Interview with Harel Wiesel

Face2Face
Harel Wiesel
Harel Wiesel
Co-Founder and CEO
Fox Wizel Ltd
Fox Wizel Ltd

How do you see bricks and mortar stores competing with e-commerce and m-commerce companies coming in? Is it viable in textile and garment sector?

I'm not an expert in internet business but it seems that garment business has a way to go as it is still in the single digit market share. The main reason is that customers still want to feel the fabric and to try it prior to the purchase. On the other hand, I'm sure that the trend of digitalization will increase in the clothing business with supportive technologies. For instance, we have already seen mannequins representing the size and color of individuals. So the gap between brick & mortar stores as well as online shops will become less in the next few years.

Let me ask you this, the global travel retail sector is expected to reach US$ 60 billion by 2015. What do you think is the share of garment business in it?

The airport business is in a loop, on one hand massive consumer traffic, on the other hand imaginary rent , so only high-end apparel business with a very high gross margin can sell there and the sales are not high. What they should do is to go all the way with the "percentages from the revenue" scheme, this could bring a lot of other brands which could generate massive sales, and both side could be satisfied, the consumers, the brands and the airport authorities, wherever they are. But nobody is brave enough to think outside of the box, and it is not happening.

Countries like China are now in a transition stage and are moving to high-end apparel manufacturing. How will this impact the current production and marketing of high-end apparel segment?

From our experience, even after ten years, China will still remain the major garment sourcing destination of the developed and developing countries.

Can you let us about the increase in demand for organic cotton garments globally?

This trend is rapidly growing in countries like Japan and Australia. Rest of the world is sharing only a fraction of market share in organic cotton garments.

Being a global firm, what would be your message for companies' aspiring to become truly global?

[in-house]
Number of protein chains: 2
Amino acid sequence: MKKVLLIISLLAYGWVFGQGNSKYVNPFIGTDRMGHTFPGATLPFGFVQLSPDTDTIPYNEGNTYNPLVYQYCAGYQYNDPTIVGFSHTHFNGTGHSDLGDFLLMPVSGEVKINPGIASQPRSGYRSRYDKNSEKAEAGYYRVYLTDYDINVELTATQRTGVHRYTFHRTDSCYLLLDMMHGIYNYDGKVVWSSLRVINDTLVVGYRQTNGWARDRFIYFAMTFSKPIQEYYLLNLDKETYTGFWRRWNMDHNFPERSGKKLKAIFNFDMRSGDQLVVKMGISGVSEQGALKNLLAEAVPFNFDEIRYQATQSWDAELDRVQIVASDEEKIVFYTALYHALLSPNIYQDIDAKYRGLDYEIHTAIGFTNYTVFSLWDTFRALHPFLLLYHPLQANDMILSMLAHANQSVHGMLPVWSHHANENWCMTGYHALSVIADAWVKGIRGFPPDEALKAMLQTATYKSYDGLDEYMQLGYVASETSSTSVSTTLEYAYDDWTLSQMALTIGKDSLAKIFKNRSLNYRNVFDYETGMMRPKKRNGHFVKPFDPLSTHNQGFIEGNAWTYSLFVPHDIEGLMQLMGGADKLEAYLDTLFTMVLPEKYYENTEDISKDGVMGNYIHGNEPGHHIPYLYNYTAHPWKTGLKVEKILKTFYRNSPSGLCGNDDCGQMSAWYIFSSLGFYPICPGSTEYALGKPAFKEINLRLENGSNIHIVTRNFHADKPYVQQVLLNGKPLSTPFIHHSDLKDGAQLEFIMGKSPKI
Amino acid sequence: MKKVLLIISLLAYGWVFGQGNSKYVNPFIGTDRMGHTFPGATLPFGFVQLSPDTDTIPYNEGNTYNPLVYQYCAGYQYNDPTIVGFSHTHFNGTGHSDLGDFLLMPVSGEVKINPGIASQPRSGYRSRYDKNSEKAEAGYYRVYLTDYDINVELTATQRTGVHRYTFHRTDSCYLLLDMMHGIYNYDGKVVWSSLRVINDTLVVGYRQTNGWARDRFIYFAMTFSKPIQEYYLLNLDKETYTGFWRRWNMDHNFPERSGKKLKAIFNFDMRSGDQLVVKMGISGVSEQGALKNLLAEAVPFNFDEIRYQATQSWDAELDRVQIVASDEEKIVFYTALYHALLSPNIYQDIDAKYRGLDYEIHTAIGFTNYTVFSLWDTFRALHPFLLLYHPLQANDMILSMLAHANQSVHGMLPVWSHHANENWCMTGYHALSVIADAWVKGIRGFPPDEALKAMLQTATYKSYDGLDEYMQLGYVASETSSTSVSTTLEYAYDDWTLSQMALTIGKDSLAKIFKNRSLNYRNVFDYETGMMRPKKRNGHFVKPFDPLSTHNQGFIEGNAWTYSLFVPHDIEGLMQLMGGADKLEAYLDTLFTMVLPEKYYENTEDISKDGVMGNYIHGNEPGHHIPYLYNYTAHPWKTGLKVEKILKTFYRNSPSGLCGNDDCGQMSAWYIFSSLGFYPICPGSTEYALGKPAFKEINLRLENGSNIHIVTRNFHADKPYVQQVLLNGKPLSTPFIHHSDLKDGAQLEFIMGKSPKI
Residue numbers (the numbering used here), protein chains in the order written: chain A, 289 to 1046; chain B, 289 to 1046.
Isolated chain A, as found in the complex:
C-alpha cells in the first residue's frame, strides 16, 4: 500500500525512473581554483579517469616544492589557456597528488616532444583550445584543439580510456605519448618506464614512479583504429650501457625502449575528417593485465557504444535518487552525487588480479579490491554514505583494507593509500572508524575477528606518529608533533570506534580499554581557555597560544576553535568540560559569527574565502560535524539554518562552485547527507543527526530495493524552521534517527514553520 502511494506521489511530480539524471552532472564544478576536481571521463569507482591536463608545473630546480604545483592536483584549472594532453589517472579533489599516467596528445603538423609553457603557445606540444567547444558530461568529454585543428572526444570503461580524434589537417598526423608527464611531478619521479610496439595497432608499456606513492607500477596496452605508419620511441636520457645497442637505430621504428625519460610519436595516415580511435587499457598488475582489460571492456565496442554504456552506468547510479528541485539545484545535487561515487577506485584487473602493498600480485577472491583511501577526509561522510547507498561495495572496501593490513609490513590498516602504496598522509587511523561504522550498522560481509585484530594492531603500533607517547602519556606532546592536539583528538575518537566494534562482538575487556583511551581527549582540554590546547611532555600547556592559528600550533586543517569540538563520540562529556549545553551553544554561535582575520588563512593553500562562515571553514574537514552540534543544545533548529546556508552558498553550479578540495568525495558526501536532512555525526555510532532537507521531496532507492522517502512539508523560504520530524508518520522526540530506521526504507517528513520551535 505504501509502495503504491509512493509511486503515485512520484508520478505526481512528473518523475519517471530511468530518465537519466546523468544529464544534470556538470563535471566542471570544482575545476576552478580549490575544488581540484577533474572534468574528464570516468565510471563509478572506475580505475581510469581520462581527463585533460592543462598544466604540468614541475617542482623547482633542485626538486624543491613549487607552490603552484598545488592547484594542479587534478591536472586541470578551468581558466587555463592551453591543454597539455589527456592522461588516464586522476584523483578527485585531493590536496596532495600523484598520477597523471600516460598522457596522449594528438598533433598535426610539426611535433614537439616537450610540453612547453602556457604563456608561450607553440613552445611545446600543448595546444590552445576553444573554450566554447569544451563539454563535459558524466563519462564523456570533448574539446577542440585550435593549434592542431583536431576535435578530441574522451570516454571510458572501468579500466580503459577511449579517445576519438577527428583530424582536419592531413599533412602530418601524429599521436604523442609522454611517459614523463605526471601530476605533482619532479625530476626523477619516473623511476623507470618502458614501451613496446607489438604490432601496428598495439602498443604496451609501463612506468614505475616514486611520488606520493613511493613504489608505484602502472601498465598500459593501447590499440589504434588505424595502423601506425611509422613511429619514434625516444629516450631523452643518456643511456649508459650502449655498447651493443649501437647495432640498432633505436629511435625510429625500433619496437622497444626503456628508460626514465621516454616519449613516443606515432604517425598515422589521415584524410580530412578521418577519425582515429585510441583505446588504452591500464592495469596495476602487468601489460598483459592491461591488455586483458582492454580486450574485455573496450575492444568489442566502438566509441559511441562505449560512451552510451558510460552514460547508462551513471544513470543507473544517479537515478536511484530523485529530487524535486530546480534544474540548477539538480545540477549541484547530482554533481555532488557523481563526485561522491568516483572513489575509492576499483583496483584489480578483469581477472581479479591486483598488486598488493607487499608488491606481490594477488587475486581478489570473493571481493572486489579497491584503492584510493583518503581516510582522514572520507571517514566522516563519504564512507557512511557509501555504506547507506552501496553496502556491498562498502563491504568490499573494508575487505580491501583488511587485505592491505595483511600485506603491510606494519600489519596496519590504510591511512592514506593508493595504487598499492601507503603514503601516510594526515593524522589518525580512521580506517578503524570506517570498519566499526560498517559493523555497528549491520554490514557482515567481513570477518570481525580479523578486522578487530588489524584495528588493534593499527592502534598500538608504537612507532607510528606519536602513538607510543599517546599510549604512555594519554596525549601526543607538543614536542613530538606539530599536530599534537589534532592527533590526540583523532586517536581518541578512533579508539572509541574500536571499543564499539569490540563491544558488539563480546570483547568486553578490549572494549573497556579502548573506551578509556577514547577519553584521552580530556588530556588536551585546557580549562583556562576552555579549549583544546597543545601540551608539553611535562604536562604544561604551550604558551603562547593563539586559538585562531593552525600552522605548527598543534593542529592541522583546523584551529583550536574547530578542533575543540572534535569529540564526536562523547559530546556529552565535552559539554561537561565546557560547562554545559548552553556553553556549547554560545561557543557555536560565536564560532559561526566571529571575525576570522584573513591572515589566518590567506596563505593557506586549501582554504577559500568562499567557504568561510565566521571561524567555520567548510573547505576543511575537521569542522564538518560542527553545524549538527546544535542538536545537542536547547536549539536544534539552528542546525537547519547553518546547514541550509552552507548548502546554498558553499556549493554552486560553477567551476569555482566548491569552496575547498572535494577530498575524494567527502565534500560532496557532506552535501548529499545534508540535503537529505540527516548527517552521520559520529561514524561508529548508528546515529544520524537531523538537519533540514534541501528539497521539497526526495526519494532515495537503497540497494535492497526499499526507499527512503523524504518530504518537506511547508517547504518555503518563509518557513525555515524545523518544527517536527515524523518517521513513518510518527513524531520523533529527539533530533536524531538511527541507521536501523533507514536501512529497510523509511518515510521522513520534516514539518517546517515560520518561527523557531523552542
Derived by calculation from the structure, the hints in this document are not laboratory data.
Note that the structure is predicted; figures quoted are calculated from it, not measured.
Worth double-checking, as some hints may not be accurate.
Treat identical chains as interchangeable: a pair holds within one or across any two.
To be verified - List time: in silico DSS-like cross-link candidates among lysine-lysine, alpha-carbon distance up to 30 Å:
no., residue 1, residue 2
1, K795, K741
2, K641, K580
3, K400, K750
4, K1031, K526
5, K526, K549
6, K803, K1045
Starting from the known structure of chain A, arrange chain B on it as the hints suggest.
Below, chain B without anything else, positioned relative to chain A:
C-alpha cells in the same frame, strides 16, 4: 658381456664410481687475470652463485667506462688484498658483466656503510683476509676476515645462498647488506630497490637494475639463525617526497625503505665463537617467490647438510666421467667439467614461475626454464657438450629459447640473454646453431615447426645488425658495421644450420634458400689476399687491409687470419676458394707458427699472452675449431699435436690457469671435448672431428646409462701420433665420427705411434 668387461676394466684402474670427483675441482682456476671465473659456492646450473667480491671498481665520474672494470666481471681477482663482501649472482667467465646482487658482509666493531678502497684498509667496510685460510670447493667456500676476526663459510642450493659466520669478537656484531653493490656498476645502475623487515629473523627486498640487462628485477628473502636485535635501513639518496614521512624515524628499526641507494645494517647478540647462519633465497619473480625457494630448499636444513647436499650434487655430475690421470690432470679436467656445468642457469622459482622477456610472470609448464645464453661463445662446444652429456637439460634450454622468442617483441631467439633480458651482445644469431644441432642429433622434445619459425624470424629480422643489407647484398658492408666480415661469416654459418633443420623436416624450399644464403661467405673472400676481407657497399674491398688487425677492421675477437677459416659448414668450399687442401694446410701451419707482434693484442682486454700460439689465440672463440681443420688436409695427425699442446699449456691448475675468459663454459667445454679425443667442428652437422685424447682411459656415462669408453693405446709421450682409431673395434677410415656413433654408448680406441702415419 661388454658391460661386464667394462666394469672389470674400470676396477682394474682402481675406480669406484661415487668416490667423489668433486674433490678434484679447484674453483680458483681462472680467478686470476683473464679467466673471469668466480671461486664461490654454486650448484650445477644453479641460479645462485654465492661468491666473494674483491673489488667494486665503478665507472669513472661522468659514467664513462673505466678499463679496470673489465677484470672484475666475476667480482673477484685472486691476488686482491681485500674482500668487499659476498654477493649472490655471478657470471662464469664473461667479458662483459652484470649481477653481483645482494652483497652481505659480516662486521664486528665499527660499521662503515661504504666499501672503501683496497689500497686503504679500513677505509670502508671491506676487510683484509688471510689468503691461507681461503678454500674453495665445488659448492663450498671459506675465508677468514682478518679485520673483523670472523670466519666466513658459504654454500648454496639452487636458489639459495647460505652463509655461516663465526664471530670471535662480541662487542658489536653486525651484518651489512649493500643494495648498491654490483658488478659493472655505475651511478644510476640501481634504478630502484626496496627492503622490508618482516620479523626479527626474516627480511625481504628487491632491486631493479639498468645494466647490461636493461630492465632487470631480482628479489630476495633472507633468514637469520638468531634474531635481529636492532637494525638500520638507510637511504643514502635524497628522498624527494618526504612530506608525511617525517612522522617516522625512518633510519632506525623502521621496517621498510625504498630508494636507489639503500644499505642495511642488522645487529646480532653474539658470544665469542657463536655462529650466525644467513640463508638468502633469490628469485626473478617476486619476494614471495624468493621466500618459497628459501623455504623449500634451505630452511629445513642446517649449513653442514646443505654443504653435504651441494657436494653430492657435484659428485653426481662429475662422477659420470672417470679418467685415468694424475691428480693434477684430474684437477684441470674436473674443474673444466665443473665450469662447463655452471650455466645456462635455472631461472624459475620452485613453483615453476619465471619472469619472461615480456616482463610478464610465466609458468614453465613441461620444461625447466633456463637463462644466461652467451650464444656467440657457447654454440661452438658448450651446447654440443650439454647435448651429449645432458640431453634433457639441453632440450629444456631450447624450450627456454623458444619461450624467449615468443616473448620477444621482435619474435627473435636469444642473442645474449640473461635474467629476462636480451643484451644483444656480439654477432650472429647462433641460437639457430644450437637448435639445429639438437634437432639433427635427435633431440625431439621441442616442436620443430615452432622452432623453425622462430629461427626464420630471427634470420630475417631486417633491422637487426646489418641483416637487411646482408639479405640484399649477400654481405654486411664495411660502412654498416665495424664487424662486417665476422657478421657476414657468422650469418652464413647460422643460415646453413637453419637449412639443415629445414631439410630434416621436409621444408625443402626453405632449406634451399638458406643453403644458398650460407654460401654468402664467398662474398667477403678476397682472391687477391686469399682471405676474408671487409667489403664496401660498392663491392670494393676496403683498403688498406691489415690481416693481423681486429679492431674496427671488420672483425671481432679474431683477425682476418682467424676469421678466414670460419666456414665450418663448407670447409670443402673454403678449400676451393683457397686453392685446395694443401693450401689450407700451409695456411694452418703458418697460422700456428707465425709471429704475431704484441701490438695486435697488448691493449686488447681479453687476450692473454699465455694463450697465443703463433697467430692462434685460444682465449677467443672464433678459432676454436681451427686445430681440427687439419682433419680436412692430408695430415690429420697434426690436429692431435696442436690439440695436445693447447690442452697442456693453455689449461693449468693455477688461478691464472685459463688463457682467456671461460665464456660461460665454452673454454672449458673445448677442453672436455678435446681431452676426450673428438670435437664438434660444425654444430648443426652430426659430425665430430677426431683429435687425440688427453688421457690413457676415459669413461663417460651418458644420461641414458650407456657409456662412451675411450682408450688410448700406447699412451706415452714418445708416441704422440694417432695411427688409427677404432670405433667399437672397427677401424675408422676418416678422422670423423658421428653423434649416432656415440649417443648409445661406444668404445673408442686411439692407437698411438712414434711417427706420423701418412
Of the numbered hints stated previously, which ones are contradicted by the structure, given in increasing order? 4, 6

First of all, if you would like to play in the global market you must conduct 'open business environment' both in your company and outside of it. You must be open to the local trends and integrate it with your brand DNA. You must have a thorough knowledge about the tastes and preferences of every country. You must show your presence in the markets as early as possible, in order to let them pick whatever styles they like and to consolidate the orders early enough to maximize your global supply chain advantages. You have to monitor global trends, cost of rent, cost of labor, etc. for each country. In a nut shell, you must have global thinking with local solutions, or with a new buzz word "Glocal".

Finally, to be successful in today's world, a company needs to be ever aware of the pulse of the market place. Is there any technique for this?

There is no one technique for feeling the market pulse, but if your company has good technology, you know what is your brand DNA, you are consistent with it, you use best tools to analyze your sales, you investigate your wins and your failures, you hire brilliant staff in the key position, you succeed to preserve them in the company, while they improve their knowledge and experience. Take these ingredients with systematic work and high-quality staff will provide you the secret formula to how to do it
Published on: 19/05/2014

DISCLAIMER: All views and opinions expressed in this column are solely of the interviewee, and they do not reflect in any way the opinion of Fibre2Fashion.com.

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